How to Respond to 'Do You Have Any Questions for Me?'

The Answer Is Never No. Here's How to Respond to This Interview Question.

Mid adult businessman interviews potential employee
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As an interview draws to a close, it's very likely that the interviewer will ask "Do you have any questions for me?"

When you hear this query, you may groan inside, since it can feel like you've covered absolutely everything during the course of the interview. However, it's better to respond to this question than politely demur. Otherwise, you could leave interviewers with an impression that you're not engaged with the conversation or interested in the position.

Plus, since this question typically comes at the end of the interview, it's one of your final chances to leave an impression on interviewers — so make sure it's a good one!

Here's what you need to know about how to respond — and how not to respond — when interviewers ask if you have any questions for them. Plus, see sample questions you can ask.

Prepare for This Question

Since this question is so common, it makes sense to plan for it: Come to your interview with a list of questions that you want answered.

Keep in mind that your questions may change based on who is interviewing you. If you're meeting with someone from HR, for instance, your questions might focus on the interview process or overall company organization. If you're meeting with the person who will be your manager if you got the role, you might ask questions around responsibilities in the role.

Prepare several questions that you can use during this moment, since many of them may be addressed during the interview.

What Not to Say

It may be an open-ended question, but that doesn't mean any response goes. Stay away from questions on these topics:  

Off-work activities: It's fine to ask questions about the culture at the job, but stay away from queries that are focused on non-work activities, like happy hour outings, lunch, or vacation time.

These types of questions will make you seem not very invested in the company or work, which isn't the right impression to leave. Similarly, don't ask how many hours you'll need to work each day.

The interviewer's personal life or office gossip: Give interviewers the same courtesy you'd want them to give to you — don't ask about their family or living situation, and don't delve into gossip about people you may know in common.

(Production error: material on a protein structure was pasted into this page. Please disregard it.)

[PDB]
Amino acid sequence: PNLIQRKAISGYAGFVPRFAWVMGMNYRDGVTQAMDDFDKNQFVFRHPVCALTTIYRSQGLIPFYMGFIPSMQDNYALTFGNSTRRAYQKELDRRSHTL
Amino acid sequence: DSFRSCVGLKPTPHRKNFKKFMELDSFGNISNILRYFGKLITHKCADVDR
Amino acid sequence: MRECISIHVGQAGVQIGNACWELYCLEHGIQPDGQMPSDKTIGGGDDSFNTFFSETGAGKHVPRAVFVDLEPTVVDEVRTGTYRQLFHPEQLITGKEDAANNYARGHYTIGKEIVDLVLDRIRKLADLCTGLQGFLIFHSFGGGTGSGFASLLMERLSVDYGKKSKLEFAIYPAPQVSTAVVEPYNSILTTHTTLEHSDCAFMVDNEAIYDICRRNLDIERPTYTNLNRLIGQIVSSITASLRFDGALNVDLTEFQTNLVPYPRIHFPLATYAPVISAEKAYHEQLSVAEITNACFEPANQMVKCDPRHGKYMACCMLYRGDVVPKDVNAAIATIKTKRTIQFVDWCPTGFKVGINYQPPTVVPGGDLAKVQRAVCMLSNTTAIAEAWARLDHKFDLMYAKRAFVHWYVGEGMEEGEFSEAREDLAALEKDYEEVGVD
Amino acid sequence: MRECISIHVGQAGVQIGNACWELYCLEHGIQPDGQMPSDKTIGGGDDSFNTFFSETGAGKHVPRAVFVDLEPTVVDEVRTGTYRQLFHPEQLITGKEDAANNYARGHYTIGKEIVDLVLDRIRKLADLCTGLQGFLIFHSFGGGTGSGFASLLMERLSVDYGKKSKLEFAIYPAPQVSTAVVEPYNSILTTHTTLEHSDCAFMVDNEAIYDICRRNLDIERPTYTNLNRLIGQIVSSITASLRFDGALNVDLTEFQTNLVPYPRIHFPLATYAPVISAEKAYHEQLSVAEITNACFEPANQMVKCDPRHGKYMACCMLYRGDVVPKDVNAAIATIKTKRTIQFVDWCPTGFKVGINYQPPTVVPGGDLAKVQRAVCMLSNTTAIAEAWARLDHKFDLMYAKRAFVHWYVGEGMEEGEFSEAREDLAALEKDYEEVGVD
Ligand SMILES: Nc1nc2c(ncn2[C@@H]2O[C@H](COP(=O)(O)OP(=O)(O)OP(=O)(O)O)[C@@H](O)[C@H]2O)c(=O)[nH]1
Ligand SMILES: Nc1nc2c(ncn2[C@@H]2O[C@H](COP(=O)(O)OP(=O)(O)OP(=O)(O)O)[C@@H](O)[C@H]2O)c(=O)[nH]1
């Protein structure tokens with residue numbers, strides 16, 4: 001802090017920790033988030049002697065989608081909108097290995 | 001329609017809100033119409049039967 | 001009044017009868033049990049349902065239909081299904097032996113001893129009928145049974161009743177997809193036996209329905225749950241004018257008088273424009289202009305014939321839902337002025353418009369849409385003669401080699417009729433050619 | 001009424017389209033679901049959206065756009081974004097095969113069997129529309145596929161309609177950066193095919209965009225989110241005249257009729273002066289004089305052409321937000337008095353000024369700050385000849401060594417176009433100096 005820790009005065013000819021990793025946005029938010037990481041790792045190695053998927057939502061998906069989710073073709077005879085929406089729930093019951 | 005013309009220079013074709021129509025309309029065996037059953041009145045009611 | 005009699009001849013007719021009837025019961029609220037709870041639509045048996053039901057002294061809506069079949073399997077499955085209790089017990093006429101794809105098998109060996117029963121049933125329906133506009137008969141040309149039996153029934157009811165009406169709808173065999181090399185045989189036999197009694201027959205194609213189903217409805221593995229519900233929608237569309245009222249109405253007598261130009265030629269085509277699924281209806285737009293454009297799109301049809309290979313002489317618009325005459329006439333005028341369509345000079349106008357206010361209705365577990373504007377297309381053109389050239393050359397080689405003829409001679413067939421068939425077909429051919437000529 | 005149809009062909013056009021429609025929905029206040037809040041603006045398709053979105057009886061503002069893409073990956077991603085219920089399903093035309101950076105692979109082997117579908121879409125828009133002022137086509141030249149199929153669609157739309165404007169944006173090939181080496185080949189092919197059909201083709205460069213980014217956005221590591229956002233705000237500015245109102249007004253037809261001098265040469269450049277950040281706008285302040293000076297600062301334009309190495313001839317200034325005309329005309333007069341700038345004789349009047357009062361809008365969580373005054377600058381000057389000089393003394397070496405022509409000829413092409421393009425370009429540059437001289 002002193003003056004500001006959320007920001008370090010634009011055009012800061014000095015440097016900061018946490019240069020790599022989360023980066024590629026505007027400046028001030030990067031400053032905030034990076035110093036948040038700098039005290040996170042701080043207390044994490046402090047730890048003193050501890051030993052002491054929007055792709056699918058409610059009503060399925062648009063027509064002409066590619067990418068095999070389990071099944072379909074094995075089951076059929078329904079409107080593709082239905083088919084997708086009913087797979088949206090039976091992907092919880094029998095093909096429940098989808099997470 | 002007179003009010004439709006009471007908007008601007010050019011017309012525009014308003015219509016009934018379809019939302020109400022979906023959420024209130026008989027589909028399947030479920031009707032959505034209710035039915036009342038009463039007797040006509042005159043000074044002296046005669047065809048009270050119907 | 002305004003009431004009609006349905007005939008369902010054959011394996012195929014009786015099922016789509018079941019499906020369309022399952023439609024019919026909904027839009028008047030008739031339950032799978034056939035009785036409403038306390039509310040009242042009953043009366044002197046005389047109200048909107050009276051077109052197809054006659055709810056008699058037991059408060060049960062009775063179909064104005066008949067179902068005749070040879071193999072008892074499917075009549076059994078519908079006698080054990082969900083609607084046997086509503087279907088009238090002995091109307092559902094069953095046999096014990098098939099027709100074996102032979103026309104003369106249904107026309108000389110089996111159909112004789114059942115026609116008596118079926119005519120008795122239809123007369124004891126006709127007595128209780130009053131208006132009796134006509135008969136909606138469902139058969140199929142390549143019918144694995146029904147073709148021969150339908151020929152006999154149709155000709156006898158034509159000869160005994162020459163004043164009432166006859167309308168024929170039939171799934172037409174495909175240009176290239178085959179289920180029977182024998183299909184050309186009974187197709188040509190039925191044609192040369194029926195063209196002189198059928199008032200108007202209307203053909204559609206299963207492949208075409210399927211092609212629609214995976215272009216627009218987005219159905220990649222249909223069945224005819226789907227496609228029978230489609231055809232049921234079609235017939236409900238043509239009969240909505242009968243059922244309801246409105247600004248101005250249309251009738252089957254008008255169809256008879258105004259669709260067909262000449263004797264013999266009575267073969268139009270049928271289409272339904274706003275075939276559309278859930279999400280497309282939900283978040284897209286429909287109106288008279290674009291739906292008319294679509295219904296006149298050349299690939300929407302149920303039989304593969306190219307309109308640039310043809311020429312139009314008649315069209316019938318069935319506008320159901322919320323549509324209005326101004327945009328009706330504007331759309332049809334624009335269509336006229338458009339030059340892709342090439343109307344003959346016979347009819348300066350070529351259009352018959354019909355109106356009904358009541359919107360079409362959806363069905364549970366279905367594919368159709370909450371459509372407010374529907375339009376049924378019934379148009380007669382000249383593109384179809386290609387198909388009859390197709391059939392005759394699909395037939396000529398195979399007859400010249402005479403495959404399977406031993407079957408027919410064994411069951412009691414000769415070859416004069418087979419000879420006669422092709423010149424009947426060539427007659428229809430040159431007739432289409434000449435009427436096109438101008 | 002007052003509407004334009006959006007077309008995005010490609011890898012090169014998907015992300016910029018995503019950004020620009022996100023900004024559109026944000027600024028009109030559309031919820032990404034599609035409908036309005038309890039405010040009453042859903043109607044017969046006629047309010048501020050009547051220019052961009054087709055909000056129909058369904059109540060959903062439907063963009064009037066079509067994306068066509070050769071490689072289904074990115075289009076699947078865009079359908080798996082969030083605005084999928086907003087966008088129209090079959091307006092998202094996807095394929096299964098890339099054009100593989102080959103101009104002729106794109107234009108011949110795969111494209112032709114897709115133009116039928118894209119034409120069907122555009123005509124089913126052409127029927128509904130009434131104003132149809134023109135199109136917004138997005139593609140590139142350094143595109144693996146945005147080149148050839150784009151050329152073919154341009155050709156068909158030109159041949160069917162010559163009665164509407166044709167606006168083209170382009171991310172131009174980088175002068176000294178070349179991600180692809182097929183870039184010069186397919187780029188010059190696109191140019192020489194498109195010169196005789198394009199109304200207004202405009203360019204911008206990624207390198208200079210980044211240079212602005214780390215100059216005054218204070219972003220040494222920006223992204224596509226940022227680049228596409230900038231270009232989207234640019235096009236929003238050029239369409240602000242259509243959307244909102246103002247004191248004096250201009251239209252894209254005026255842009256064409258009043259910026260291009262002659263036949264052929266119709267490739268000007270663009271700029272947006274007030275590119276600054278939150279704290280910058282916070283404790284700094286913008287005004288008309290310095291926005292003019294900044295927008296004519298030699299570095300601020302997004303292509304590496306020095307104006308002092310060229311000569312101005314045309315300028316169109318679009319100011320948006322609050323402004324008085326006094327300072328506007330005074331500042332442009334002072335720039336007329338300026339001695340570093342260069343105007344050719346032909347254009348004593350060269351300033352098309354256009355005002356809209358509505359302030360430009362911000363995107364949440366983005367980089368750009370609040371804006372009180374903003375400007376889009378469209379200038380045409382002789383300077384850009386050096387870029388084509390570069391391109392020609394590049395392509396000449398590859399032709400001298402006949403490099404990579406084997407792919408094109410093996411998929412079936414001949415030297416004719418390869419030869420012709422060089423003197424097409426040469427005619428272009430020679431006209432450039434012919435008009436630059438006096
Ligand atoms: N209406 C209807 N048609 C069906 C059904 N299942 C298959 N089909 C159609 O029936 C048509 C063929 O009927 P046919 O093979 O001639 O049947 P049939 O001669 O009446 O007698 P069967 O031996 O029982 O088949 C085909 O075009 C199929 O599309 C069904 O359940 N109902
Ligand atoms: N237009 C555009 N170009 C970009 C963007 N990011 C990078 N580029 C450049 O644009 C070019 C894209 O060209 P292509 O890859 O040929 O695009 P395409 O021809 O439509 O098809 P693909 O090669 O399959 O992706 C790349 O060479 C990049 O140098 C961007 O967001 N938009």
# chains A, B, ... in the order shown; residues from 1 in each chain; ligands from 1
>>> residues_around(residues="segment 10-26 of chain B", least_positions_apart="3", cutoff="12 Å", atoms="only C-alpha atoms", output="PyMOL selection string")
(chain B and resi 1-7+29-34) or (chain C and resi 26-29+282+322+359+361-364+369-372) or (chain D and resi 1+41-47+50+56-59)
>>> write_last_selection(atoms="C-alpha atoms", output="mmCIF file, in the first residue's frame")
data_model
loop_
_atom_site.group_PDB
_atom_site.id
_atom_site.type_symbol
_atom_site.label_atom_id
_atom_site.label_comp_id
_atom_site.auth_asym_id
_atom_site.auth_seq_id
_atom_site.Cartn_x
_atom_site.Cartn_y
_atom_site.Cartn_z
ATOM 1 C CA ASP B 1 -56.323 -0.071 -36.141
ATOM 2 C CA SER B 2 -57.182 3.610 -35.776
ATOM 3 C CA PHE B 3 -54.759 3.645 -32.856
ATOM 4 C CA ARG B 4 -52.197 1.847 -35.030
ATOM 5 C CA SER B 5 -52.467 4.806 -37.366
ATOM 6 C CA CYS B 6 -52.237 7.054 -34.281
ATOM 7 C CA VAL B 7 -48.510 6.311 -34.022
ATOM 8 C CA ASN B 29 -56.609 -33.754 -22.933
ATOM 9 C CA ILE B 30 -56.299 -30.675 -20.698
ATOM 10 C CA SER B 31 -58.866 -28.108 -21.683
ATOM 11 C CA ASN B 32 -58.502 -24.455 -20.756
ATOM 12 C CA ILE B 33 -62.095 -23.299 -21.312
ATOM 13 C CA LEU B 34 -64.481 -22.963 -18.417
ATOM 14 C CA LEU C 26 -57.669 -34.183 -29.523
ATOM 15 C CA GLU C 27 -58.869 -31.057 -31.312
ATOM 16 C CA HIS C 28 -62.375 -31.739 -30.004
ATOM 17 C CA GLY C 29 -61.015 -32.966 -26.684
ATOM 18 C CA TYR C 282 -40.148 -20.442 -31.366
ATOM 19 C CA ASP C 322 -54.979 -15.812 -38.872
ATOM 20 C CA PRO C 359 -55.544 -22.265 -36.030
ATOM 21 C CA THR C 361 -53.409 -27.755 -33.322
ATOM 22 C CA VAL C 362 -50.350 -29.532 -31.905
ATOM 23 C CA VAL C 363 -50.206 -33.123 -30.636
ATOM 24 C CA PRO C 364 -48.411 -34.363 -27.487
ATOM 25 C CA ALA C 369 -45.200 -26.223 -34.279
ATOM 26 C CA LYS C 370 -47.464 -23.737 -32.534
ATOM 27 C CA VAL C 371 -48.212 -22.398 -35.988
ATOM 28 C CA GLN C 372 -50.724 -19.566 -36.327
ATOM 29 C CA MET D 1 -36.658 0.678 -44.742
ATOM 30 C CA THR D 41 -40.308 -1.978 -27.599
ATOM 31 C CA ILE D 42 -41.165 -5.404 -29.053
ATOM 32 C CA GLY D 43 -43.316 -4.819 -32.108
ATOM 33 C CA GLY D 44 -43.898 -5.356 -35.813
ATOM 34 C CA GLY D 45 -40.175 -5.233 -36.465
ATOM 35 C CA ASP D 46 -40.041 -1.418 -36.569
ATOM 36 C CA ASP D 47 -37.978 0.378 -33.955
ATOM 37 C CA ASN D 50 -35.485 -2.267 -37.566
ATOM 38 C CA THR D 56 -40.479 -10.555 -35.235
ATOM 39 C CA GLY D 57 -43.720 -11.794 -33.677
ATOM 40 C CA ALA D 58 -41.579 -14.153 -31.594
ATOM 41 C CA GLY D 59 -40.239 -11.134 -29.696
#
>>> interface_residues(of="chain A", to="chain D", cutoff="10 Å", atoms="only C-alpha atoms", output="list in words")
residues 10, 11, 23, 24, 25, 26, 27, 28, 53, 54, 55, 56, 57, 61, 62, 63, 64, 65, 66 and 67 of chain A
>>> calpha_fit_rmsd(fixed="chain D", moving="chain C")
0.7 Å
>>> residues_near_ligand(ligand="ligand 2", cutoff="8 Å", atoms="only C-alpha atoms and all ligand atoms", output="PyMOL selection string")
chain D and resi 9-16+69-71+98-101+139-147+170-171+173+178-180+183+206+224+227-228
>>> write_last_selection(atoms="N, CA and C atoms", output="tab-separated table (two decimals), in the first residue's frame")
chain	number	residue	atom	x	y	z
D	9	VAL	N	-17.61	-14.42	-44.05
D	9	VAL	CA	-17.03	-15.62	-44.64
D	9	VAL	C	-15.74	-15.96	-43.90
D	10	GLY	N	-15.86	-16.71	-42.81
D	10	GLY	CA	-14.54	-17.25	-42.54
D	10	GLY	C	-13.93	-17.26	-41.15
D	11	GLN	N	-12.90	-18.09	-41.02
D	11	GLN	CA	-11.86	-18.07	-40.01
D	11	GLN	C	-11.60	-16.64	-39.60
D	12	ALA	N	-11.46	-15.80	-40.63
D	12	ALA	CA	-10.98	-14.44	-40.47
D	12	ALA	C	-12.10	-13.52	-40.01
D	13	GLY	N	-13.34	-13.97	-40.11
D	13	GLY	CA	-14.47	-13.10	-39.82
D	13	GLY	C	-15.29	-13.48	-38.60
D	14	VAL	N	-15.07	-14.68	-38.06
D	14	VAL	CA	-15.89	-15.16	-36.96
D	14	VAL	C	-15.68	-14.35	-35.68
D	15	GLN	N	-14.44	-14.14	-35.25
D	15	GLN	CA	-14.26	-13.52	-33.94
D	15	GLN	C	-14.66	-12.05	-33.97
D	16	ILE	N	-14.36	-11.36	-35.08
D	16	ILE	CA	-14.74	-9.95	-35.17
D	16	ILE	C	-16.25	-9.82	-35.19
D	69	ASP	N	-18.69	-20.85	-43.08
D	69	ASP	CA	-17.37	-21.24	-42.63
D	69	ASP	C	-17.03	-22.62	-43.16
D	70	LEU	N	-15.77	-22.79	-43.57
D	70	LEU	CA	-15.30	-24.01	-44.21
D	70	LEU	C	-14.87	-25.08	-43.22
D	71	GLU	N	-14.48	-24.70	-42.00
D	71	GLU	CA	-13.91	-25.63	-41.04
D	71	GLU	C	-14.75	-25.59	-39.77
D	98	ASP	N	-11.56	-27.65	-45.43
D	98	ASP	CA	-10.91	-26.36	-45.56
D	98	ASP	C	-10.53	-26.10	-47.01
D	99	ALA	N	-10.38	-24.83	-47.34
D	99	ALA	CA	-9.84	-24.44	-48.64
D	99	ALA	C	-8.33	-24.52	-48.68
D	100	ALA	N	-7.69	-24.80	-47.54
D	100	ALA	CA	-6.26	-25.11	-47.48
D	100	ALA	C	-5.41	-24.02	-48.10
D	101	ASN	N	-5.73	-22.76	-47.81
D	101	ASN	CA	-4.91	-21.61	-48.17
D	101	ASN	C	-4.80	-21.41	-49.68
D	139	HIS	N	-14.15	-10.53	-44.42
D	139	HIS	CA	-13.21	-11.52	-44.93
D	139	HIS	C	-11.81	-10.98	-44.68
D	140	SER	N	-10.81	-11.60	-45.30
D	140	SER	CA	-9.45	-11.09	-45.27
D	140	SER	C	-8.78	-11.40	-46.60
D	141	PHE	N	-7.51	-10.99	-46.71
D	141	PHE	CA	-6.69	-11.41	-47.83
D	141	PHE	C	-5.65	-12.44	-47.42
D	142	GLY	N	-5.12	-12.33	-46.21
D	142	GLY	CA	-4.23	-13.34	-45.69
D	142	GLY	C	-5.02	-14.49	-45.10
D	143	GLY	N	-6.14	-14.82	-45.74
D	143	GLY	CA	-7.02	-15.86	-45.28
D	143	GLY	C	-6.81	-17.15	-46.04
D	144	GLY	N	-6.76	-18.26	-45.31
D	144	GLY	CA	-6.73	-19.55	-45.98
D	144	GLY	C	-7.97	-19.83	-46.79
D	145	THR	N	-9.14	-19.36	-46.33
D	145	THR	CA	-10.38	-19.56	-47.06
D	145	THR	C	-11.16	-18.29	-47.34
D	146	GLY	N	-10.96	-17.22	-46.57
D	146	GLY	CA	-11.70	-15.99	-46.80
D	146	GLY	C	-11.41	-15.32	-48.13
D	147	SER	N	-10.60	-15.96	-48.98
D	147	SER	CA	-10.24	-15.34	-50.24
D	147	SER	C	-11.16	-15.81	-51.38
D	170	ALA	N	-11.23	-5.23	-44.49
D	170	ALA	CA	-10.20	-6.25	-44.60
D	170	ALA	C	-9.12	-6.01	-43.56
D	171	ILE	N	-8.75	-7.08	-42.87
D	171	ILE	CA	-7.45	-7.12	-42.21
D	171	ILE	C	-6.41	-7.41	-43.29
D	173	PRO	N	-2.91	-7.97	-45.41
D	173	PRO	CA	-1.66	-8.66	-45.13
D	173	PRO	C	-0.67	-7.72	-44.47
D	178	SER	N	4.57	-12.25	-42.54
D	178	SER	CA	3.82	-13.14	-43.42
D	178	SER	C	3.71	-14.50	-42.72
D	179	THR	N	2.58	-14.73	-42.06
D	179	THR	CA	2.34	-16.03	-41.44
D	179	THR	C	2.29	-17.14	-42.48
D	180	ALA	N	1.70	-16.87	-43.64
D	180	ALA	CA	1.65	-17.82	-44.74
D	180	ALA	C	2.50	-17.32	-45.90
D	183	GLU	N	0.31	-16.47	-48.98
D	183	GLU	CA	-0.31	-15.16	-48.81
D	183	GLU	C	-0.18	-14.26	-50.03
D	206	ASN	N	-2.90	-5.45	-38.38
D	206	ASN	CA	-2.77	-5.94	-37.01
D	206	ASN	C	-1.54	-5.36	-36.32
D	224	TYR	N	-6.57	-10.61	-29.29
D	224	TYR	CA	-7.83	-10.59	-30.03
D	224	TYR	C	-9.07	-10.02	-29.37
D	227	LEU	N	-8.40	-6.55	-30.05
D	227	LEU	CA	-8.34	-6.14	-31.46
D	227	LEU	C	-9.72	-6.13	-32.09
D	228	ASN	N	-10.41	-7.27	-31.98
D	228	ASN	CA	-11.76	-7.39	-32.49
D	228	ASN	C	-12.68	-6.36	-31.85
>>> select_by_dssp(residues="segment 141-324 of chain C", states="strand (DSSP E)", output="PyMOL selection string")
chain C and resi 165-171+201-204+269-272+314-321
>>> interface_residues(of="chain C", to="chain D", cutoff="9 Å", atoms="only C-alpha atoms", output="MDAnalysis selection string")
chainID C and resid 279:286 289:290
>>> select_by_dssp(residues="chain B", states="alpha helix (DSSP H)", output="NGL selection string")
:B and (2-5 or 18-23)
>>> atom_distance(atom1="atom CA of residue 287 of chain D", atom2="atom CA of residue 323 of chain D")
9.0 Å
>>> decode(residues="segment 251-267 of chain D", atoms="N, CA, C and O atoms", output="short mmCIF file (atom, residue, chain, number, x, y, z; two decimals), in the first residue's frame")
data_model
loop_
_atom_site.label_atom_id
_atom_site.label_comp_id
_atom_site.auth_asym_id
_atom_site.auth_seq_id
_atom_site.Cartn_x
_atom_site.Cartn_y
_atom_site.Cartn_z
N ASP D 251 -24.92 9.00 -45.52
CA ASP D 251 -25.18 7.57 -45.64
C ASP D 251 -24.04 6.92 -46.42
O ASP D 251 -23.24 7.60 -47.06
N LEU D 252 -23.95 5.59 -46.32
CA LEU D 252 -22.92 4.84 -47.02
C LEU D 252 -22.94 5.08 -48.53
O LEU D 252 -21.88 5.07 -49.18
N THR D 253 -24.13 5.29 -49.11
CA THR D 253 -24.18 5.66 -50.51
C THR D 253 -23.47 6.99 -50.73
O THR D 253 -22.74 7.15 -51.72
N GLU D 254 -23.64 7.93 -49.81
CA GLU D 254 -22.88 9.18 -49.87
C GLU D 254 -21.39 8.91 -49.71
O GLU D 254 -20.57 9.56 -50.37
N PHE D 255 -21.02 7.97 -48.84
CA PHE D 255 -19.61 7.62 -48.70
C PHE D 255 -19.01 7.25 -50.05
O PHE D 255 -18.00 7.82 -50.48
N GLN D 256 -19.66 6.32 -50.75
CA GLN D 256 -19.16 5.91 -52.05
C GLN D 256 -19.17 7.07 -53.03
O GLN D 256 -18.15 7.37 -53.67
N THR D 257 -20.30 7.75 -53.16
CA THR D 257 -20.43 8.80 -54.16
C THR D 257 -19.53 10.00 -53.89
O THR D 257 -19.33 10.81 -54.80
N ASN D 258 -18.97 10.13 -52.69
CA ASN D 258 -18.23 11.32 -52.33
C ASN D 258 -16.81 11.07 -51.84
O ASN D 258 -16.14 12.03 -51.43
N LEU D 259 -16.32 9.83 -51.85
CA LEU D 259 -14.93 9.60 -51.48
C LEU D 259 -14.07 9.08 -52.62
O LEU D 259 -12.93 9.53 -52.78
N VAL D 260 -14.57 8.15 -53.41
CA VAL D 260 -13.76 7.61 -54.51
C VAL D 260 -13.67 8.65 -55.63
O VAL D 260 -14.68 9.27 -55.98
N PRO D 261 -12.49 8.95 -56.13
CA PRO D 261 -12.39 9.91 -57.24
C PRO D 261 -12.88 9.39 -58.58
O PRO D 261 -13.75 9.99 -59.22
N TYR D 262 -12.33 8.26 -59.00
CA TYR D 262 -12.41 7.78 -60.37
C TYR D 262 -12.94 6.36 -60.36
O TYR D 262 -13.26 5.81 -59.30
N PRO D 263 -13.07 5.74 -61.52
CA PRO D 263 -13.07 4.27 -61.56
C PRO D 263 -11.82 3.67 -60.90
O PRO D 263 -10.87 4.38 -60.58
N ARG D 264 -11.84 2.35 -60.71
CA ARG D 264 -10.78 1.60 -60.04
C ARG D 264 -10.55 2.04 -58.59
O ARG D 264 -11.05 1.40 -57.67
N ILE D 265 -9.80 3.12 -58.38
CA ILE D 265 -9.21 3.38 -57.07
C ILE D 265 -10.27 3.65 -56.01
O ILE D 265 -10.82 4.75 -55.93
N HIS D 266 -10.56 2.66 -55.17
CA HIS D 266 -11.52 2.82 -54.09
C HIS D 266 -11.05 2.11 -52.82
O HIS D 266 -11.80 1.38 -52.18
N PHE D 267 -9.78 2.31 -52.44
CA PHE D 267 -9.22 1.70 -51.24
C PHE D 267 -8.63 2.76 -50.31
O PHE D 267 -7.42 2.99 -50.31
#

Things you could answer yourself: If your question could be easily answered with a quick online search or by glancing at the company website, skip it. Time-wasting questions won't be appreciated. Interviewers expect that you will have done a bit of research on the company, and familiarized yourself with the basics.

Salary and benefits: This just isn't the right time, particularly if this is a first-round interview. Getting specific about salary and benefits can make you seem uninterested in the work and the company, and focused only on yourself. (And here's how to respond if interviewers ask about salary themselves.)

Very complicated or multi-part questions: Asking multi-part questions can overwhelm interviewers. Make it easy on them: Ask just one question at a time.

You can always follow-up. Aim to make the moment feel conversational.

One more thing to avoid: Don't ask too many questions at this moment. You want to be prepared and ask one or two, but when interviewers begin to shuffle paper, glance at their watch or a phone, or wake up sleeping computers, take the hint and wind down your questions.

Here's more information about questions that you shouldn't ask during an interview.

So, What Should You Ask?

Ideally, your response will make it clear that you were engaged during the interview and have a good sense of the company's goals and priorities. You can reflect back to earlier moments in the interview ("It sounds like you were saying that XYZ is a real priority. How is your department involved in that project?"). Or, you can mention questions that build off of news of the company, or information you read on the company website.

 

Aim to always ask open-ended questions, and not questions that can be answered with a "yes" or "no."

Here are a few broad categories of questions that are appropriate to ask.  

Questions about the role: This is a great opportunity to learn more about what you'll do, if it hasn't already been thoroughly covered in the earlier part of the interview. Here are some questions you can ask:

  • Can you share more about the day-to-day responsibilities of this position? What's a typical day like?
  • Why is this position open — is this a new role? If not, why did the person who held this role leave it?
  • If I were hired for this role, what would you want me to achieve in my first months in the position?

Questions about the company or the interviewer: This is also a good opportunity to get a sense of company culture and how the company is doing.

  • What's the company organization and management style like?
  • What's one thing that makes you happy to come into work today?
  • How long have you been at the company?
  • What did you do before you were at the company?
  • Can you talk about the company culture a bit?
  • What are some of the issues facing the company?
  • What are the company's goals for the upcoming year?

Questions about you: You can use this moment to get a sense of how the interviewer perceived you, and if they think you're a good candidate. With these questions, you might want to preface by expressing your excitement for the position. And then, based on the feedback you get, you can address the issue on the spot or follow up in your thank you letter. You can ask:

  • Do you have any concerns about my candidacy?
  • What are you looking for in a candidate?
  • Are there any qualifications that you think I'm missing?

Get more advice on what questions to ask during the interview: